A little goes a long way with bone health

0

The National Osteoporosis Foundation predicts 47 million people are expected to suffer from low bone mass in the next five years. New research highlights how easy it is to make sure you’re not one of them. A recent study by Les Mills and Pennsylvania State University found that low weight, high repetition resistance training will increase bone density.

Study participants completed two to three BODYPUMP™ classes per week. The result? They all experienced up to eight percent bone mineral density increases in their legs, pelvis, arms and spine.

That’s a good thing. You may not know it but having a high bone density level is paramount to good health ± especially as you age. Once you hit 40 your bone mineral density declines at an accelerated rate.

Head of research at Les Mills, Bryce Hastings says these findings have turned an old theory on its head.

™It’s often thought the heavier the weight you lift, the more benefit you get from it but that’s not always true. Lifting very heavy weights has always presented barriers for older and untrained adults as sometimes this type of intensity can be outside the realm of their physical capabilities. That’s why using lighter weights is so good ± because everyone can do it no matter what their age or experience.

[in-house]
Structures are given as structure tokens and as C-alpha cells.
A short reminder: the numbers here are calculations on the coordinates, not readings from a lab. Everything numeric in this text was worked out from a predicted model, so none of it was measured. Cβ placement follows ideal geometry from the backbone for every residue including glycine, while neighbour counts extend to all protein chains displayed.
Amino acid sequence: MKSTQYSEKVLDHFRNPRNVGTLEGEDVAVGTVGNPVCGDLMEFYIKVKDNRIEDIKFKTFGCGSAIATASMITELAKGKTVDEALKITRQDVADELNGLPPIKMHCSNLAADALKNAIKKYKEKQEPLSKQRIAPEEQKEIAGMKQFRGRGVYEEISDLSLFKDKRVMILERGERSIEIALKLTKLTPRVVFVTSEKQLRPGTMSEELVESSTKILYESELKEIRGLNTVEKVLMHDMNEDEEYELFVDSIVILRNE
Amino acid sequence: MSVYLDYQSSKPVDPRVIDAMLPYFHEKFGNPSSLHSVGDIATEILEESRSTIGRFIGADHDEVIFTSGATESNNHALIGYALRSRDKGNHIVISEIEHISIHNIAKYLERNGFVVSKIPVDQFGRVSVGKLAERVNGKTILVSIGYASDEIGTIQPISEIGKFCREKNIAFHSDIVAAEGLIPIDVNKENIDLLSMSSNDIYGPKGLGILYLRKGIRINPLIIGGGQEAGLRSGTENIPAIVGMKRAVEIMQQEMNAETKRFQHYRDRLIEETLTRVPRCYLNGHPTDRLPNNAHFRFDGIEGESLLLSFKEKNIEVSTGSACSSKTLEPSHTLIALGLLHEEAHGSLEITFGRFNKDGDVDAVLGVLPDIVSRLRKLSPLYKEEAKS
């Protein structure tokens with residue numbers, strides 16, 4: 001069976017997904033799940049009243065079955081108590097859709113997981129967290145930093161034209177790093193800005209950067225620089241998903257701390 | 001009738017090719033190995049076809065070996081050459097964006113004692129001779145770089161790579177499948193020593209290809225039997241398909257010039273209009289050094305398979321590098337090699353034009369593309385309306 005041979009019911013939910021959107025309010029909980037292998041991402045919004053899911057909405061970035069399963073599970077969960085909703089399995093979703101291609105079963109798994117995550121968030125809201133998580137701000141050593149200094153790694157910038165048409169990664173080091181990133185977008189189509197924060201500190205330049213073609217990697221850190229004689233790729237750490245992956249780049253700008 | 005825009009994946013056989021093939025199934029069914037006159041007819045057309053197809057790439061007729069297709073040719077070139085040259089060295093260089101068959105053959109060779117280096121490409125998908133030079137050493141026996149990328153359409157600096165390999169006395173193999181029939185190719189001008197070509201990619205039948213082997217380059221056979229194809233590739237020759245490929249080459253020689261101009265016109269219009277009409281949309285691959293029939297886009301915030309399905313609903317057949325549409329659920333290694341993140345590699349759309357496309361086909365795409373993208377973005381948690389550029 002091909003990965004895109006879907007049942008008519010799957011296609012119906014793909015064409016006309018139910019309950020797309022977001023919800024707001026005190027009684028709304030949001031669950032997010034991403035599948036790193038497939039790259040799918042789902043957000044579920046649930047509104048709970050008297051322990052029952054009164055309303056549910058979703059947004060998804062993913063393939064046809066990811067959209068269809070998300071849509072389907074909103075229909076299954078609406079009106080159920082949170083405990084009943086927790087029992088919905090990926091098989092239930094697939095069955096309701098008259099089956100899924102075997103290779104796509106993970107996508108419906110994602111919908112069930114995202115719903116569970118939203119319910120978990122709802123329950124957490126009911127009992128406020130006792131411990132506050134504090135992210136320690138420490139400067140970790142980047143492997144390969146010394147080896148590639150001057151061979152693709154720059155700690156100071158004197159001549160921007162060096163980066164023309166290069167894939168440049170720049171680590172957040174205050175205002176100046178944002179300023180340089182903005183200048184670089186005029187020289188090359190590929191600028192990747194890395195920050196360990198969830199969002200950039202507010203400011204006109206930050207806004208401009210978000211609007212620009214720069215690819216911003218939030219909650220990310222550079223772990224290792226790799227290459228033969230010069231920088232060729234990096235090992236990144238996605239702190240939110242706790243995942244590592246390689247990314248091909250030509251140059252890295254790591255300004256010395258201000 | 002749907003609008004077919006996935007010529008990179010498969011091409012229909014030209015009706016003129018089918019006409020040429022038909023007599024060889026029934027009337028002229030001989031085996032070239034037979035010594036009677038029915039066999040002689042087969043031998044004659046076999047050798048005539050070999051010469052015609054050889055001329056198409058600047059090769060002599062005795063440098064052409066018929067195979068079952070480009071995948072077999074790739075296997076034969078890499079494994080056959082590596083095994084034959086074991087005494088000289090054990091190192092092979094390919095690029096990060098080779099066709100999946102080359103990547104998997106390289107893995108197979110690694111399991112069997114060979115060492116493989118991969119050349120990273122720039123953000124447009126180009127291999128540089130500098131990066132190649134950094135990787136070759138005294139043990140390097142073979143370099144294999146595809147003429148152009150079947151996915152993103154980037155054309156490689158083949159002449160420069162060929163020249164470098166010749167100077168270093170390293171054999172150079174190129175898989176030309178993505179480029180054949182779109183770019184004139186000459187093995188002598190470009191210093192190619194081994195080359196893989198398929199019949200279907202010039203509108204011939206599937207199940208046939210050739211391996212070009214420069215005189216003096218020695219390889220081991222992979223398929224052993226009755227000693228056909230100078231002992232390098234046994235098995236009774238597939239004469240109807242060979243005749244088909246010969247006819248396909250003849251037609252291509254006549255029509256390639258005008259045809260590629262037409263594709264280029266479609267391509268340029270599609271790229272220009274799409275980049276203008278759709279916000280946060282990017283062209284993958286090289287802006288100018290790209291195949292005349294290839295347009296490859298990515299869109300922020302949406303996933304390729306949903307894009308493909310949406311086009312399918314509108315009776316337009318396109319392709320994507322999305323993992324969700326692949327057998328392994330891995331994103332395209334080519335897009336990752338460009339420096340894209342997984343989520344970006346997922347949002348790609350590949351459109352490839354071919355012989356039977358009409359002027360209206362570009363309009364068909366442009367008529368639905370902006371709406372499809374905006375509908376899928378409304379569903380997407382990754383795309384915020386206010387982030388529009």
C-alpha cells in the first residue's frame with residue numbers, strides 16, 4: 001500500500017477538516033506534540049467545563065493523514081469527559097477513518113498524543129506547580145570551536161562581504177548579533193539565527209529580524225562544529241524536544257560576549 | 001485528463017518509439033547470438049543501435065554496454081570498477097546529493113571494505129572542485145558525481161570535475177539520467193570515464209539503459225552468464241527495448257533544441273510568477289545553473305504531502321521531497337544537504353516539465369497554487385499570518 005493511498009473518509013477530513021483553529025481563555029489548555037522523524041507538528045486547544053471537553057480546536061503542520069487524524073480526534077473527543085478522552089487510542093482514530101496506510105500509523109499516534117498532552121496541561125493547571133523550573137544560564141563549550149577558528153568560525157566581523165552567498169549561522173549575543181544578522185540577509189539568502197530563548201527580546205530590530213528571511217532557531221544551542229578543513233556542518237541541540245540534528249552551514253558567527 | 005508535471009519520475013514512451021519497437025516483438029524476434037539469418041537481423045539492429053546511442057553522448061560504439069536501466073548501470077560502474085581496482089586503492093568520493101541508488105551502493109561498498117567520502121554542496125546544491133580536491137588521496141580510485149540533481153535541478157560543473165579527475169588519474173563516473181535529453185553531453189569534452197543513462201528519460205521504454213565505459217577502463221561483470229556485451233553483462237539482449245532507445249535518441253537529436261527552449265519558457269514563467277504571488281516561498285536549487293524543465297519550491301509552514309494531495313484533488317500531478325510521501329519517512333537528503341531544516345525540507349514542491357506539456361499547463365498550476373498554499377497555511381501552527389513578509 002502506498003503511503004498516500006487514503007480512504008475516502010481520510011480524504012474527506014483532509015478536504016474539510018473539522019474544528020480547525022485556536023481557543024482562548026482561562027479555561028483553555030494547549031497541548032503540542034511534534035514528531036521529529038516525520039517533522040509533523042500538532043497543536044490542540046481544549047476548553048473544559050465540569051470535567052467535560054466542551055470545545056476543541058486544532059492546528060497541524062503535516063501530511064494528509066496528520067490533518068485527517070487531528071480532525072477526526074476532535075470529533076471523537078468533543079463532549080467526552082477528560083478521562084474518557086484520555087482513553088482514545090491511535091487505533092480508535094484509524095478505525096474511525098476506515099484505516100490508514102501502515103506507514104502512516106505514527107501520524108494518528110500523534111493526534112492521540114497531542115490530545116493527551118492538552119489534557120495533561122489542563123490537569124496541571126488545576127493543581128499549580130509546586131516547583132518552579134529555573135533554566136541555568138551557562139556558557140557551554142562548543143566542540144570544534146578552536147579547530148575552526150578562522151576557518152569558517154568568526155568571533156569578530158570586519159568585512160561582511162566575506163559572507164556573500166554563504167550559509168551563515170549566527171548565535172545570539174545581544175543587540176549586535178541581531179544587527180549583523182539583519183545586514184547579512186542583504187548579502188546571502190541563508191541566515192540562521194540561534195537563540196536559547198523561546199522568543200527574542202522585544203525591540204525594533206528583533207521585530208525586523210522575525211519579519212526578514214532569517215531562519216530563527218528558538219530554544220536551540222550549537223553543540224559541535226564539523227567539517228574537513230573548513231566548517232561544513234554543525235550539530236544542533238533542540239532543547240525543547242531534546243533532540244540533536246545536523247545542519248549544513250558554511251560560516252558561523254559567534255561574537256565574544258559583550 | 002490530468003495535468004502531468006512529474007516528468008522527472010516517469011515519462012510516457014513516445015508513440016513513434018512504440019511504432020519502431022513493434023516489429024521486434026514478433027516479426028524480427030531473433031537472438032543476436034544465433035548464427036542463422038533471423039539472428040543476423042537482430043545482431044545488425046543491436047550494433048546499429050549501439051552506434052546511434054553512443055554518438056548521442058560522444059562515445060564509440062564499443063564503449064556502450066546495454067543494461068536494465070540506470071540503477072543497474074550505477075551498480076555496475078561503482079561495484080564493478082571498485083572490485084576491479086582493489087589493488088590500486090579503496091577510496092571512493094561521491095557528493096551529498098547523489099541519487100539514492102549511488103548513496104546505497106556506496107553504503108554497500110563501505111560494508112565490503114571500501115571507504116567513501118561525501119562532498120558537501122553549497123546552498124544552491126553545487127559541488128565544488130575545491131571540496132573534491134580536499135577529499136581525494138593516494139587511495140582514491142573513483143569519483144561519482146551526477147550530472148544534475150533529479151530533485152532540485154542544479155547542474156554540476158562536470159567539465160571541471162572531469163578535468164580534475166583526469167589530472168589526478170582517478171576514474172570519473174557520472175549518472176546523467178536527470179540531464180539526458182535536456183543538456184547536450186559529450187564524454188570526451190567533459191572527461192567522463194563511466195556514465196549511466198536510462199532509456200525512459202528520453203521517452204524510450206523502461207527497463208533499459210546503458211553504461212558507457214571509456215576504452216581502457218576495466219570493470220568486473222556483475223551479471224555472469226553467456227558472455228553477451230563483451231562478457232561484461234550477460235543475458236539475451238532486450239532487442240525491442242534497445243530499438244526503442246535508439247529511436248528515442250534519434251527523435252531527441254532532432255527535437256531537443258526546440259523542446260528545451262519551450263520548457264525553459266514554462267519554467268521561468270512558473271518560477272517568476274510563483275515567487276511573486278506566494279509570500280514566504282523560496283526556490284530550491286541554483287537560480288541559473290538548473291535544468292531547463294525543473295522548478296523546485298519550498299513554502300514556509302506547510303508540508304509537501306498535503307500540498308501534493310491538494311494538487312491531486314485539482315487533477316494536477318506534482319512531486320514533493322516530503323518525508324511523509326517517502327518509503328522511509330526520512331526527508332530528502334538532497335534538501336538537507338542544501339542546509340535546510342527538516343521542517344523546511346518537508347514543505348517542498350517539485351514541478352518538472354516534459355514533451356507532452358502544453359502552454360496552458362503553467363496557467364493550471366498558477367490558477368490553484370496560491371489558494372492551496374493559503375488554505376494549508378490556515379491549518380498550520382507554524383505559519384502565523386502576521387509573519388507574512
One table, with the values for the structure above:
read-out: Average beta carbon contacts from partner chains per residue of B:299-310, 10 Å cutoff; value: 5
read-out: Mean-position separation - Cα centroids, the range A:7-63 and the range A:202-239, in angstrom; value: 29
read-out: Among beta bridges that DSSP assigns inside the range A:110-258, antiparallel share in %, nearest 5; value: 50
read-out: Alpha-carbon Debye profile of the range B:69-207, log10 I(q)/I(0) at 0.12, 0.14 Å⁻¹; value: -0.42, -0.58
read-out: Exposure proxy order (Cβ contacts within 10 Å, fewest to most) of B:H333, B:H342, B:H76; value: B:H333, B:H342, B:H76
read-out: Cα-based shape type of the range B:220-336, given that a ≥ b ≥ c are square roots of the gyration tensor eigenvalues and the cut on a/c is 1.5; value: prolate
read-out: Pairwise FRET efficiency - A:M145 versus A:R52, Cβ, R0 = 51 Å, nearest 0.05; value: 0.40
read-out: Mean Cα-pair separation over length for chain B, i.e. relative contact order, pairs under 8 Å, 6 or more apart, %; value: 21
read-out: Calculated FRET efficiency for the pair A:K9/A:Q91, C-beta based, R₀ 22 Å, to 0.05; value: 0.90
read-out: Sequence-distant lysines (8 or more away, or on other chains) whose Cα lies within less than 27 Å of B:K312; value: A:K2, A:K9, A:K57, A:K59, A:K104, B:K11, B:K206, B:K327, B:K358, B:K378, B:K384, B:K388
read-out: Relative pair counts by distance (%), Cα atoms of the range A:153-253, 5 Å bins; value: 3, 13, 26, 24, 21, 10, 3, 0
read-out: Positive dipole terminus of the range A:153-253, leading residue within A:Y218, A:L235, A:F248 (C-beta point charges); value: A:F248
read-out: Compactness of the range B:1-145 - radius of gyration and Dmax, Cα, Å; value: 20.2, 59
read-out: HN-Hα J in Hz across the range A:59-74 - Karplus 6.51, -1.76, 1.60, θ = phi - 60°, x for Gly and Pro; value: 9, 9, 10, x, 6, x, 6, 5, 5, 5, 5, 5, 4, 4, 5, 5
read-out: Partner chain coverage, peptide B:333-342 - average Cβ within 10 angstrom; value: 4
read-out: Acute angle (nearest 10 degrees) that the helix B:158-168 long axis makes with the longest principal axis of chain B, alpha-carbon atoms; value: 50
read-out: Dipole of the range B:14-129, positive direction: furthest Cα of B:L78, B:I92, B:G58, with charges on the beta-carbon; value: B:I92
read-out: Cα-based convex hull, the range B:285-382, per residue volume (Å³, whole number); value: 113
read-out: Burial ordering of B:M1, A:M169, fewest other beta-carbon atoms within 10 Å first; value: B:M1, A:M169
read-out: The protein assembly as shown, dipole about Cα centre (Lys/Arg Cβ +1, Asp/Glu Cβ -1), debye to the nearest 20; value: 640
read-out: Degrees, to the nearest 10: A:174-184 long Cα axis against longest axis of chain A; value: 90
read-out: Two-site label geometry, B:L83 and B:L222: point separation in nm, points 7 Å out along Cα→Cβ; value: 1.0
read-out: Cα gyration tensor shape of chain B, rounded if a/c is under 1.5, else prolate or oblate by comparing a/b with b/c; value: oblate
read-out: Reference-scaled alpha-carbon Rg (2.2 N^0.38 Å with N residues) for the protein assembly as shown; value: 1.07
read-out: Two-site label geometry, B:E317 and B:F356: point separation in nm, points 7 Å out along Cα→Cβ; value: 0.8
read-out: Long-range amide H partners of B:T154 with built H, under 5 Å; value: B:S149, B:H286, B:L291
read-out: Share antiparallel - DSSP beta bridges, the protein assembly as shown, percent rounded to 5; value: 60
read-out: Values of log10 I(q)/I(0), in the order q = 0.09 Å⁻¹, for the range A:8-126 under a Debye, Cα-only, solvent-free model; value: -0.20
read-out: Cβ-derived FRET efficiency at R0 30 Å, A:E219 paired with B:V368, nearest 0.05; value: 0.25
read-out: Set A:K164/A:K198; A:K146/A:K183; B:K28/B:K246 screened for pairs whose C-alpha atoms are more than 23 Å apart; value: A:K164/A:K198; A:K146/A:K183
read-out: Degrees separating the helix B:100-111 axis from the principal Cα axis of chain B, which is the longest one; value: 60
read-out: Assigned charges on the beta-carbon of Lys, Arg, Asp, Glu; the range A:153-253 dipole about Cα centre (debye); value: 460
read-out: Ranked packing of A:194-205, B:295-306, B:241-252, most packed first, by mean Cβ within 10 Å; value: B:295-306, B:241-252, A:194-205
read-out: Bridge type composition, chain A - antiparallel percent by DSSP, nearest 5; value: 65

The study also found outstanding results for those with osteopenia ± a condition caused by low bone density. These individuals experience significant bone mineral density increases of up to 29 percent.

Age is no barrier when it comes to increasing bone density. You may not always be able to see the results, but benefits will prove their worth well in the future as those with strong bones are less likely to break them from falls later in life.

1 National Osteoporosis Foundation. America’s Bone Health: the State of Osteoporosis and Low Bone Mass in our Nation. 2002

Share.

Comments are closed.